Loved ones will soon be able to honour those who have died at a new burial site.
The long barrow, built by Tim Daw in All Cannings, was officially opening on Saturday.
Work started in January to create a modern long barrow that will store cremated human remains.
The feature is on a field at Mr Daw’s farm at Cannings Cross in All Cannings and took around eight months to build, with delays due to bad weather earlier in the year.
The event will be the final stage in the process after the project won planning permission for in November 2013.
Mr Daw said: “I am looking forward to it with a huge sense of relief.
“To see it finished after all the hard work, it turned out far better than expected.”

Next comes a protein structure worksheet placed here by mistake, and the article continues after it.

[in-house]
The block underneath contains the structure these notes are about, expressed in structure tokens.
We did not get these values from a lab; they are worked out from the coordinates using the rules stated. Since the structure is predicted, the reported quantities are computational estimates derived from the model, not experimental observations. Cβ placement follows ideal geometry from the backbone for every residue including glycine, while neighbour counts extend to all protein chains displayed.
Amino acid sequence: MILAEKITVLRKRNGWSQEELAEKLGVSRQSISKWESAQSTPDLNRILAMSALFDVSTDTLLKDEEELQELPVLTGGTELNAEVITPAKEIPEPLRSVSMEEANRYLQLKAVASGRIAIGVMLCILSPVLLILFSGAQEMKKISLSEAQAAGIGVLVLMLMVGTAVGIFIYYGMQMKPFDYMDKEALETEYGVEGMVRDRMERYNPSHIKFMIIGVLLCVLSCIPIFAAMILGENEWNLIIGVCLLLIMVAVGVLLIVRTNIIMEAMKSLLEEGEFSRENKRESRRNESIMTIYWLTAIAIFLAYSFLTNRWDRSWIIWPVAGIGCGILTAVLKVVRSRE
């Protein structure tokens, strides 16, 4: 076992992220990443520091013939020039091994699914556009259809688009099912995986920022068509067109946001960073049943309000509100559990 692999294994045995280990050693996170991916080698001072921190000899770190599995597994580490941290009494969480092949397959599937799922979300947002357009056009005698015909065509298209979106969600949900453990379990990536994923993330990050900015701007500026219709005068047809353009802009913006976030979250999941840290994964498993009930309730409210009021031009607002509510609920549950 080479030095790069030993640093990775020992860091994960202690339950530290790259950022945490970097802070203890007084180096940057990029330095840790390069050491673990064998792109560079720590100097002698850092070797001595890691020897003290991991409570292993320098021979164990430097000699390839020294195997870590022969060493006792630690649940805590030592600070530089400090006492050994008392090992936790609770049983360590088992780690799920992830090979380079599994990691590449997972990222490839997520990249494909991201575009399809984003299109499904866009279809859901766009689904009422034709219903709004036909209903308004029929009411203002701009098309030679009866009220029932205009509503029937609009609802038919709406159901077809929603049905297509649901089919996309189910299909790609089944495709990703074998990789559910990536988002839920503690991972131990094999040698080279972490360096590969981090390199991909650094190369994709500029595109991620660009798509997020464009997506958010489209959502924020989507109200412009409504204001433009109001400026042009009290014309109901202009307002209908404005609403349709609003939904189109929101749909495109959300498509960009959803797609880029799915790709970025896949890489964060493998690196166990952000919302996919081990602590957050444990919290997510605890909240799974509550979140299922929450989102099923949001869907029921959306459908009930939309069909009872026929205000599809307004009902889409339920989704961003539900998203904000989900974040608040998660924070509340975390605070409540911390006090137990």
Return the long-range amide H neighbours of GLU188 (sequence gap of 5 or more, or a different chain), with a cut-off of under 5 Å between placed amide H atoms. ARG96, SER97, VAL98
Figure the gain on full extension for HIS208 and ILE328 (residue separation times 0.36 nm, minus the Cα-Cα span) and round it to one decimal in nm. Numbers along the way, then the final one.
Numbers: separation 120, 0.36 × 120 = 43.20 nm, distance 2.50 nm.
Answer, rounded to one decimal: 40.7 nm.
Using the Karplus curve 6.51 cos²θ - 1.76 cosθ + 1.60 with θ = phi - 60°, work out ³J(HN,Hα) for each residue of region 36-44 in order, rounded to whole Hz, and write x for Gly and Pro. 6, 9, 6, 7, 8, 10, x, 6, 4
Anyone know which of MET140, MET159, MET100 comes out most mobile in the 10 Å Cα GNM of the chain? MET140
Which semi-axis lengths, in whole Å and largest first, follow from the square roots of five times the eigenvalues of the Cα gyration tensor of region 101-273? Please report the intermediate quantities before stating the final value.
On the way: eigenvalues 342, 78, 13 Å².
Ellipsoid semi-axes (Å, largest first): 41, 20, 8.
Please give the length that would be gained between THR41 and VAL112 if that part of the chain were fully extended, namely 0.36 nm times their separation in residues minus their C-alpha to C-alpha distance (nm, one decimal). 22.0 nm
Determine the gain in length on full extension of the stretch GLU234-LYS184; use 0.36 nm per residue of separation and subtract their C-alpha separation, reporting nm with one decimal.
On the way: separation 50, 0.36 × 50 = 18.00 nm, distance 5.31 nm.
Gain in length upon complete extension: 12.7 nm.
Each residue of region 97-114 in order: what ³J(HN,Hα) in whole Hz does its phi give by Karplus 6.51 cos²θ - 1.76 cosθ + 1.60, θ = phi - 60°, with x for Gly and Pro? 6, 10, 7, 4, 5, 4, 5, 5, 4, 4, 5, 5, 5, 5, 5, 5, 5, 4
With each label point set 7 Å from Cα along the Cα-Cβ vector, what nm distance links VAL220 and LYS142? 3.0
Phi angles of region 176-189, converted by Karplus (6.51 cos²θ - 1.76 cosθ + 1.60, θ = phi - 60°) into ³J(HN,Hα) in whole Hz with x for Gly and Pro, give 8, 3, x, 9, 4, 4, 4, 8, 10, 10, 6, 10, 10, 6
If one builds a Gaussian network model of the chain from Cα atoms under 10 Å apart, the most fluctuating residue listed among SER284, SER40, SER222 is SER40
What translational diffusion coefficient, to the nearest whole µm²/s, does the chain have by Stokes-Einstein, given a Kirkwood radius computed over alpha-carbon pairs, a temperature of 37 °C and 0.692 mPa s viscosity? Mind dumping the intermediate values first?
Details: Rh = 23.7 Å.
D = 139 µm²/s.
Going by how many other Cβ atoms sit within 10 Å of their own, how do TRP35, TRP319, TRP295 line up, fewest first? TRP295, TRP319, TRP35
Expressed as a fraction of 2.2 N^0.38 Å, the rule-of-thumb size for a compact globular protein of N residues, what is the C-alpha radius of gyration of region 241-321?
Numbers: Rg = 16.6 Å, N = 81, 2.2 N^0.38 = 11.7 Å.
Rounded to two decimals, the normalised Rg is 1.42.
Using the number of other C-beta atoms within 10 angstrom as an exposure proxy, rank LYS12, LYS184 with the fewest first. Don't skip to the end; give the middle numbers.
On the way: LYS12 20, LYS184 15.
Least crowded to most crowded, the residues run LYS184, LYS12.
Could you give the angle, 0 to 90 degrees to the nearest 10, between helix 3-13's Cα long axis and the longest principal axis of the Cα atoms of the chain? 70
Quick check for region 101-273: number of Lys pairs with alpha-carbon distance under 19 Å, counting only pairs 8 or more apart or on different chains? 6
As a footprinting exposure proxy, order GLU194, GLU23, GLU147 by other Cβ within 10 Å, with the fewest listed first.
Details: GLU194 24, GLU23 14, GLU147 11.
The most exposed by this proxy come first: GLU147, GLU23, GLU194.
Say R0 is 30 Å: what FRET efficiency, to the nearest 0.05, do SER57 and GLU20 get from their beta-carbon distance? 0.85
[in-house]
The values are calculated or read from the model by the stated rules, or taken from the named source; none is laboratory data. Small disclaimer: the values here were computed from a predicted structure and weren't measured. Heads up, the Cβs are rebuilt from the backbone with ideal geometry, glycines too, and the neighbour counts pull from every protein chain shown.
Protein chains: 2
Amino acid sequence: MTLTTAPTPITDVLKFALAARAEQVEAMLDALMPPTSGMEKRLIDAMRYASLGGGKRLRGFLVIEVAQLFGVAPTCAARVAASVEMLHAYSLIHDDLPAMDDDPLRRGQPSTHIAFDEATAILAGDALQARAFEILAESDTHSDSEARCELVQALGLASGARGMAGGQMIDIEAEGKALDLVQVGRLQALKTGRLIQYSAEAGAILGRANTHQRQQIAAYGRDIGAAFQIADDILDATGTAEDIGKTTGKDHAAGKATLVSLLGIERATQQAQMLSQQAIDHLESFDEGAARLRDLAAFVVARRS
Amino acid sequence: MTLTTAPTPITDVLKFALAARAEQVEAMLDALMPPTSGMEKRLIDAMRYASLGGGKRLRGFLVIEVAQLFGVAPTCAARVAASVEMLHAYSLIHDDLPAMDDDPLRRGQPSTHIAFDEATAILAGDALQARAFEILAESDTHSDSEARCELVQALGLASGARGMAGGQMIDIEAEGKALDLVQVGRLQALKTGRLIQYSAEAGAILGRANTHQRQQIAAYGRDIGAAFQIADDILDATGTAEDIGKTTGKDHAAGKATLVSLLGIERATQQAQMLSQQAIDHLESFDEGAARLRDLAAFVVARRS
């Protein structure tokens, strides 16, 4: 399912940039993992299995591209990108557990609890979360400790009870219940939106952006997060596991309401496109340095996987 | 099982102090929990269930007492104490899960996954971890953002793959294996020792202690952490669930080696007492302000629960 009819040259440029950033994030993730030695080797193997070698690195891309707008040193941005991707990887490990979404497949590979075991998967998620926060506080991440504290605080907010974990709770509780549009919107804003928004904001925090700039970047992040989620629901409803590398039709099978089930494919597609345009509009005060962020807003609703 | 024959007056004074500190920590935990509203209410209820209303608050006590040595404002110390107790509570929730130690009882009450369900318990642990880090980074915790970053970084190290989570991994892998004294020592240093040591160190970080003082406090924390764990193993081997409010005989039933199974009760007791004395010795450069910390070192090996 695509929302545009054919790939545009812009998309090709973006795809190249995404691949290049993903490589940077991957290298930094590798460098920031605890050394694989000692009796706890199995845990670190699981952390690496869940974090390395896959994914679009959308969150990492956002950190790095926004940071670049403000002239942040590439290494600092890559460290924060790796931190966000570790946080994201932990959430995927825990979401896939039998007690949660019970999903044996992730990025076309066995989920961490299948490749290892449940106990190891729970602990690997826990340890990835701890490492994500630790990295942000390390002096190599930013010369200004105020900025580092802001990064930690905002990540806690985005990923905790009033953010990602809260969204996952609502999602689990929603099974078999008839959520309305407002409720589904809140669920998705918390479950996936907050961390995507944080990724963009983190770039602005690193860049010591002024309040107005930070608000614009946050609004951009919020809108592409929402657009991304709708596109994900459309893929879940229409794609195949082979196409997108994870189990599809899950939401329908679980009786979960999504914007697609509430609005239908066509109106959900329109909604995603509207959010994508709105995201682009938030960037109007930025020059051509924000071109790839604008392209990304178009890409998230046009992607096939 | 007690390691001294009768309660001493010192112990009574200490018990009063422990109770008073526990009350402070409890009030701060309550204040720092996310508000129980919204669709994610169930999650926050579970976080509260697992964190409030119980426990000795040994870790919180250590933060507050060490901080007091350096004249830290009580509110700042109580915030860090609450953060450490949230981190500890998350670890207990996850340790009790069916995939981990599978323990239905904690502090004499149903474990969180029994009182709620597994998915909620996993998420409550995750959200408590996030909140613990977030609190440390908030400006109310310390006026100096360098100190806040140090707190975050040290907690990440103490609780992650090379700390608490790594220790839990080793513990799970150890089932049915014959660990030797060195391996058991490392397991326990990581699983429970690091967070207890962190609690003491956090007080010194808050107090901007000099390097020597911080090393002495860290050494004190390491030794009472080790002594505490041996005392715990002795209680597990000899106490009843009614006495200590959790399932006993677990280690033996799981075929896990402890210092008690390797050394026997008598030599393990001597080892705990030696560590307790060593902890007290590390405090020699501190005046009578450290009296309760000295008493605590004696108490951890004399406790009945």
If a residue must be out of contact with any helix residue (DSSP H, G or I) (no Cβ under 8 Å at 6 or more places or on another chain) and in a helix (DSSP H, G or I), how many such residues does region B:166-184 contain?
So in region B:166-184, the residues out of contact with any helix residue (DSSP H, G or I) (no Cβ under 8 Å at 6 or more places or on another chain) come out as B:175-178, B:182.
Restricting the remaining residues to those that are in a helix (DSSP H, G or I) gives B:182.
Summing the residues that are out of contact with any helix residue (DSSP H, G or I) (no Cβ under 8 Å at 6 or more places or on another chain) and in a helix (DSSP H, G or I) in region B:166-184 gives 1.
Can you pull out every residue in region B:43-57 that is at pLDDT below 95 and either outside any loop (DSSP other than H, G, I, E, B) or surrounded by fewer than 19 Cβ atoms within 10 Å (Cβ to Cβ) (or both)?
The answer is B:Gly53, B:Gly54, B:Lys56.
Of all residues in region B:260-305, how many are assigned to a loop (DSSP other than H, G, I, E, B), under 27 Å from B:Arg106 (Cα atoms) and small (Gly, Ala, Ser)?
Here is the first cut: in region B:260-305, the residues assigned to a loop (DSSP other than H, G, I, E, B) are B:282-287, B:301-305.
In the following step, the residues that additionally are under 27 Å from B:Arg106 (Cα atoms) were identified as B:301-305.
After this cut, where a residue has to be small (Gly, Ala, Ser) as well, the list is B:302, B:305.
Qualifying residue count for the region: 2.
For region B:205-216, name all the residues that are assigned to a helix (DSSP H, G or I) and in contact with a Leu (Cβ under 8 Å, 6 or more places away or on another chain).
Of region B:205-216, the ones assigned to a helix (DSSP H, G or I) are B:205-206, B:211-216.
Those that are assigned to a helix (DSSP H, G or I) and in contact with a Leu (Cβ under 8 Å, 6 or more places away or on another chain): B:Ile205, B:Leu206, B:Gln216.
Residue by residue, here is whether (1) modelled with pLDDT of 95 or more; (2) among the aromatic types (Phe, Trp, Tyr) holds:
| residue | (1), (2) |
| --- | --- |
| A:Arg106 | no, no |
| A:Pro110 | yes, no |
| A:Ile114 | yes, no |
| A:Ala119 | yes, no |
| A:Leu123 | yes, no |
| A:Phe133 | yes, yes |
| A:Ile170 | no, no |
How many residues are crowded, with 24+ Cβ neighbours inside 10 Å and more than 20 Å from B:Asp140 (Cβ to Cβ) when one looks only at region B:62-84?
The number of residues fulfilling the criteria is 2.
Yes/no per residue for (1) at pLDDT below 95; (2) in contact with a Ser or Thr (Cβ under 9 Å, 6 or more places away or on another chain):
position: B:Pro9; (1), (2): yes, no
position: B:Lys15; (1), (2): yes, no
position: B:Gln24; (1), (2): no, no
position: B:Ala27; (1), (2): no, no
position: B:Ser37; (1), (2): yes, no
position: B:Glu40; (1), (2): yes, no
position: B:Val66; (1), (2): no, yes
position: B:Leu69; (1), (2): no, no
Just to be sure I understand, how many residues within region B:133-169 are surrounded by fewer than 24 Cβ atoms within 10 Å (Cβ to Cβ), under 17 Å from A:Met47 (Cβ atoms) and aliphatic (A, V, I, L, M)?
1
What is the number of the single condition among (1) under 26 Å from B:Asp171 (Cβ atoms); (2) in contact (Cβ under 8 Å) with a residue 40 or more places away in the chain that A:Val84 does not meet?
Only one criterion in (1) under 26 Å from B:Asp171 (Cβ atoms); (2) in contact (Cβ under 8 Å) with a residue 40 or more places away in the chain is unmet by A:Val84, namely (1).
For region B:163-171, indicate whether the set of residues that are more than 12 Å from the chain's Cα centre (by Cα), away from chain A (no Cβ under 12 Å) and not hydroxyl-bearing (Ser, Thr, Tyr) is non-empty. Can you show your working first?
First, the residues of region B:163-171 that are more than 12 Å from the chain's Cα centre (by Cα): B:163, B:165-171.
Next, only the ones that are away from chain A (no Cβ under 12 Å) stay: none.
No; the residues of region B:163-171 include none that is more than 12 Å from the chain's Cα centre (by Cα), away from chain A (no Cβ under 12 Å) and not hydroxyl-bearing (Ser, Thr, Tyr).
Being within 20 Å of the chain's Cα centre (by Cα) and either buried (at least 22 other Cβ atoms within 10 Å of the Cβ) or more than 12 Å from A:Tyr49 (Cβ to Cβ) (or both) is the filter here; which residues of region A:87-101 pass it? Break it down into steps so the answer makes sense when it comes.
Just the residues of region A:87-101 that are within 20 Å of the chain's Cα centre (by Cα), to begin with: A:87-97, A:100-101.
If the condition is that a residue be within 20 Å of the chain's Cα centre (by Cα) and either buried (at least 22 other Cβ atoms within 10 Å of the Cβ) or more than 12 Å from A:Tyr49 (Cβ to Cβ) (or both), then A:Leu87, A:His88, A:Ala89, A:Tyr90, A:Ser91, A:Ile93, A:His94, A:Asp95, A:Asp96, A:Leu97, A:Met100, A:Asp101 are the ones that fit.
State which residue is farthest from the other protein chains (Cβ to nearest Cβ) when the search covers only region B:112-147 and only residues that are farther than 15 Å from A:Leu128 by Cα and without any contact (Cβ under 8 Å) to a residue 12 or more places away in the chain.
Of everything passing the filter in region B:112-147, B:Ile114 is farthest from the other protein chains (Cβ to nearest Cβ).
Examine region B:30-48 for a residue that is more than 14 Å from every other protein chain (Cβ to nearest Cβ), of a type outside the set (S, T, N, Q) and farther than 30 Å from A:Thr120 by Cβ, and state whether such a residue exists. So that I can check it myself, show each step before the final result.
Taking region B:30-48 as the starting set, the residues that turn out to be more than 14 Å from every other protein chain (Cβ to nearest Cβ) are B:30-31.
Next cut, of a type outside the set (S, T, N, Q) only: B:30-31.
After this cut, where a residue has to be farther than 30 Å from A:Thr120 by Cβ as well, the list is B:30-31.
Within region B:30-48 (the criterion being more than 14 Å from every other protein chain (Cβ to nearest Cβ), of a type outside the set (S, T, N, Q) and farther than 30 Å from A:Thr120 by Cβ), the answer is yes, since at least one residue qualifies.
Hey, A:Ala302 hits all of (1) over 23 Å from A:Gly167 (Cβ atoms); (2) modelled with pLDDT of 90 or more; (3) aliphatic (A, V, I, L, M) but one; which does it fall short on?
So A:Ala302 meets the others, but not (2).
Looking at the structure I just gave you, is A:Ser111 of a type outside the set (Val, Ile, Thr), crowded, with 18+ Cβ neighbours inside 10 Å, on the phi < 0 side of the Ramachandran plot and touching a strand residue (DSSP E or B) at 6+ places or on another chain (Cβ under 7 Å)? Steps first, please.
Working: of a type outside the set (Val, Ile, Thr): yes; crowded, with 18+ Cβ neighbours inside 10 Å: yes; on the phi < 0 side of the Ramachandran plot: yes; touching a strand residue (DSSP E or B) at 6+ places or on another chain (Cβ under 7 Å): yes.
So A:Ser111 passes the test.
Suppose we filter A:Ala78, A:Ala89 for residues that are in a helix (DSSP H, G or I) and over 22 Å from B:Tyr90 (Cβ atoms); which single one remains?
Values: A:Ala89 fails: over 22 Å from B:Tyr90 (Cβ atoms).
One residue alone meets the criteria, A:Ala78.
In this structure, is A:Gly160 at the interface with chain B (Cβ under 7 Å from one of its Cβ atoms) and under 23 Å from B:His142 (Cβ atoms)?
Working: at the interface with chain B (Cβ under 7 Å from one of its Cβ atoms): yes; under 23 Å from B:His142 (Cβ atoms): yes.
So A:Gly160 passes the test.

The burial tomb consists of a hollow mound, with stone chambers inside, each containing niches in which urns containing ashes will be kept.
A total of 45 niches have been reserved so far out of around 300 available.
It has been positioned to allow the midwinter sunrise to shine directly down the length of the tomb and, although modern in design, it was inspired by the likes of the West Kennet long barrow, near Avebury, a few miles away.
Mr Daw, who is a steward at Stonehenge, believes the scheme is unique and said it is an ideal opportunity for people who want to put urns of ashes of their loved ones in non-religious places.
He said: “I’m amazed at the response from people. It is a different way to remember someone, and the site is modern and ancient at the same time.”
For more information about the long barrow, go to www.thelongbarrow.com